May 30. 1868.

The Economist, 30. Mai 1868. S. 617–619.
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Are Trades Unions really insolvent?

In der Evidence vor der London Commission on Trades Unions’, Mr. Finlaison, of the national debt office, beweist daß „Engineers“ und „Amalgamated Carpenters“ Unions must die out within certain time from ineradicable insolvency. Gesezt er habe Recht. So beweist das nach ihm selbst, daß die Contribution zu niedrig, 50% höher anzusetzen ist. Dieß geht das Wesen der Sache nicht an. Der Theil, den die Unions als benefit societies,  Textverlust durch Wasserfleck. Ergänzt nach der Quelle.
annuation societies, etc auszugeben haben – also der nicht Strike Theil – ist leicht zu berechnen, wie bei jeder andern Insurance Society. Und Inquiry beweist nur, daß die Unions bei Fixirung ihrer Beiträge sich von professional accountants diese Sache berechnen lassen müssen.|


The Economist, 30. Mai 1868. S. 622/623.
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The Bill for abolishing Houses unfit for Human Habitation.

The „Artisans’ and Labourers’ Dwellings Bill“ is the first of a series which is likely to be a long one. … The price of houseroom in the great cities, and more especially in London, has increased with the increase of their population, until the poorer sort of labourers, the men who earn from 12s. to 18s. a week, are wholly unable to pay the sum demanded for lodgings of any decent kind. That sum is usually 1/3 of their incomes, and if the family is large even more, and the labourer is tempted to reduce it by every possible device. Either he retreats to a room so unsafe, illprovided, or unhealthy, that it is let cheap, or he takes in lodgers who pay a portion of his landlord’s demand … The consequence in great cities is that small, rotten, or otherwise cheap houses, near the centres of work, are found crammed to the roofs with families who set all sanitary rules, etc and live, as Lord Chelmsford said, like animals, or, as the Bishop of London still more forcibly put it, like vermin. The landlords or lessees of such houses, very often poor men, spend as little as possible on repairs, dig no cesspools, open no drains, supply no water, and leave as few openings for light and air as they possibly can, windows being conveniences which will break. Such houses become of course centres of disease, depôts where certain forms of fever are storedup to await the first hot day, when they spread far beyond the „rookery“ where they were originally generated.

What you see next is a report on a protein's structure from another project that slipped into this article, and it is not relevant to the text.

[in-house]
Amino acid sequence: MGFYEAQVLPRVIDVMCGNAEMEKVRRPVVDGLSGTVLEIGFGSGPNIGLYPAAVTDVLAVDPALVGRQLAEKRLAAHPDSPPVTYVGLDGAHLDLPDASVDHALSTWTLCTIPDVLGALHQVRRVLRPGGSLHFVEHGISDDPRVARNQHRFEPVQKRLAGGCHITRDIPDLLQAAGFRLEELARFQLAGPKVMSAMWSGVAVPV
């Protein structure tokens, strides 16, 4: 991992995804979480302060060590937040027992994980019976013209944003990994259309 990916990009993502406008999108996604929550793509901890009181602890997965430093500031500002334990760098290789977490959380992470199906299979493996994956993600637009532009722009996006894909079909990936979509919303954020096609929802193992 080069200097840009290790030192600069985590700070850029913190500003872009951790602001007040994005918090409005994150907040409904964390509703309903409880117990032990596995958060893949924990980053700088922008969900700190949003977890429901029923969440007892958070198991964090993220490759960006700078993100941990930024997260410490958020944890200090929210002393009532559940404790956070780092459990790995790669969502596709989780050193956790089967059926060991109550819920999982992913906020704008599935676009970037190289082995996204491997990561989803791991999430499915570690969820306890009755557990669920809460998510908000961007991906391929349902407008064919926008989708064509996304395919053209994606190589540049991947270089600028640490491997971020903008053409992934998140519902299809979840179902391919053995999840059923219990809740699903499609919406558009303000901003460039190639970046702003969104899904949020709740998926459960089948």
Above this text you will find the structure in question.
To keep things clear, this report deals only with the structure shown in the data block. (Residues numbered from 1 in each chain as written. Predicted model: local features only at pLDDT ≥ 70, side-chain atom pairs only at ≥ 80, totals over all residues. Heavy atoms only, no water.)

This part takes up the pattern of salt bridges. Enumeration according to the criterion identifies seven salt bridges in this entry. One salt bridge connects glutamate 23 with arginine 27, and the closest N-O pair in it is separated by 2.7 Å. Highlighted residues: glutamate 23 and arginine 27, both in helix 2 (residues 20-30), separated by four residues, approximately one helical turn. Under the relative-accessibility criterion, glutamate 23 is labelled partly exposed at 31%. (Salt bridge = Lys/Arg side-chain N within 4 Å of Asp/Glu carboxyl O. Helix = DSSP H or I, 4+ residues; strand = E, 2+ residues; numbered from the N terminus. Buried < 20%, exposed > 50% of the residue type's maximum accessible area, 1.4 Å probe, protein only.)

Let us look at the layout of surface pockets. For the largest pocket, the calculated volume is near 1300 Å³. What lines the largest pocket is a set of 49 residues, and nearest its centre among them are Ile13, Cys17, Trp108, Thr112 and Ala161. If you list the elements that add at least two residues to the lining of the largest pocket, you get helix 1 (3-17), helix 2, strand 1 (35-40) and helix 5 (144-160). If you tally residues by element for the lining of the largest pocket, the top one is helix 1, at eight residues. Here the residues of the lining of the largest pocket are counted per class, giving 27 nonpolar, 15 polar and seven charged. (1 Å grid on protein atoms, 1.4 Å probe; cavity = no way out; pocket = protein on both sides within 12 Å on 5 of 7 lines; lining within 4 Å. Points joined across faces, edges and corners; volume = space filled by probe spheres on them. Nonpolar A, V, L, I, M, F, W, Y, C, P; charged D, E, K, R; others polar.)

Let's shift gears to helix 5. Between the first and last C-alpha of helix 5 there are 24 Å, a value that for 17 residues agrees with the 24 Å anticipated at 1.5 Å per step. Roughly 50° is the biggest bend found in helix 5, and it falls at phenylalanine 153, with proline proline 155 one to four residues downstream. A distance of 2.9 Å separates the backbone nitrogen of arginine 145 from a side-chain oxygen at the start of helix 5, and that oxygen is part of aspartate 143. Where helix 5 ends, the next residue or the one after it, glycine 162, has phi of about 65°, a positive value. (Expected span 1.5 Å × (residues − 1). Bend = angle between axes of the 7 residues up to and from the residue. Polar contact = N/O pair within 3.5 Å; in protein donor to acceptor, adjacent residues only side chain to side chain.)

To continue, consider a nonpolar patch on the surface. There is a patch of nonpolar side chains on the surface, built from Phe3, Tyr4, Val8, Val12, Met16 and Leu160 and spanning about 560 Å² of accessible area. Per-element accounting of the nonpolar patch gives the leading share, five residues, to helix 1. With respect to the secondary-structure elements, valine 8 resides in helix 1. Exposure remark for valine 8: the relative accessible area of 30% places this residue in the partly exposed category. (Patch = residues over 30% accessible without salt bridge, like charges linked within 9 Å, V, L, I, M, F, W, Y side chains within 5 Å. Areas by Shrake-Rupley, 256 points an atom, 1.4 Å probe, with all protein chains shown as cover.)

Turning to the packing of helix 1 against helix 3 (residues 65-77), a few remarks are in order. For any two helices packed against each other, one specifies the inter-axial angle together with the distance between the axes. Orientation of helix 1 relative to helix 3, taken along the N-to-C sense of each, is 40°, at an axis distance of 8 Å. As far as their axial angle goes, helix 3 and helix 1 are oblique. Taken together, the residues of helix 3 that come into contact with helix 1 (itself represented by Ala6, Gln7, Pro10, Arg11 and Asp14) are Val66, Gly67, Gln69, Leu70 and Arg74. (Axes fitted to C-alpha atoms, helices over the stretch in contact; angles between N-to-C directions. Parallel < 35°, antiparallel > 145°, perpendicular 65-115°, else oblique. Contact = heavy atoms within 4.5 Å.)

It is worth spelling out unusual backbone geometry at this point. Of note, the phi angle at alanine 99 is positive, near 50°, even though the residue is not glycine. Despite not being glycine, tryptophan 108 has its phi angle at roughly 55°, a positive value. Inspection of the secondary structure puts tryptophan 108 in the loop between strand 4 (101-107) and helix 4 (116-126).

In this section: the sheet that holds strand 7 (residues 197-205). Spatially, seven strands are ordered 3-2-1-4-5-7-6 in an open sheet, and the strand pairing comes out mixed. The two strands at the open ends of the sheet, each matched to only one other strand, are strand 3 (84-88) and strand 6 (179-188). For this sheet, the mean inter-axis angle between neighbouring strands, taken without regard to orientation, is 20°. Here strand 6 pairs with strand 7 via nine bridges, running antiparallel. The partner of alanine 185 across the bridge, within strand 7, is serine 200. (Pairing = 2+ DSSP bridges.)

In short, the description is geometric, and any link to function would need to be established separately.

It is essential that the State, as guardian of the lives of its subjects, should abolish these pest houses, and expedient that it should so far as possible compel a more civilised mode of life. No landlord can have a moral right to let a house in a state unfit for human habitation any more than he can have to sell poison at his own discretion, because it is profitable. He is bound to see that the article he sells either is innoxious to the community, or to abstain from selling it, and can no more plead his right of property against the Legislature than a chemist could plead his right of property in arsenic or prussic acid. He is bound to obey the laws regulating the public health, and is bound also to take heed that his conduct does not lower the general level of morality.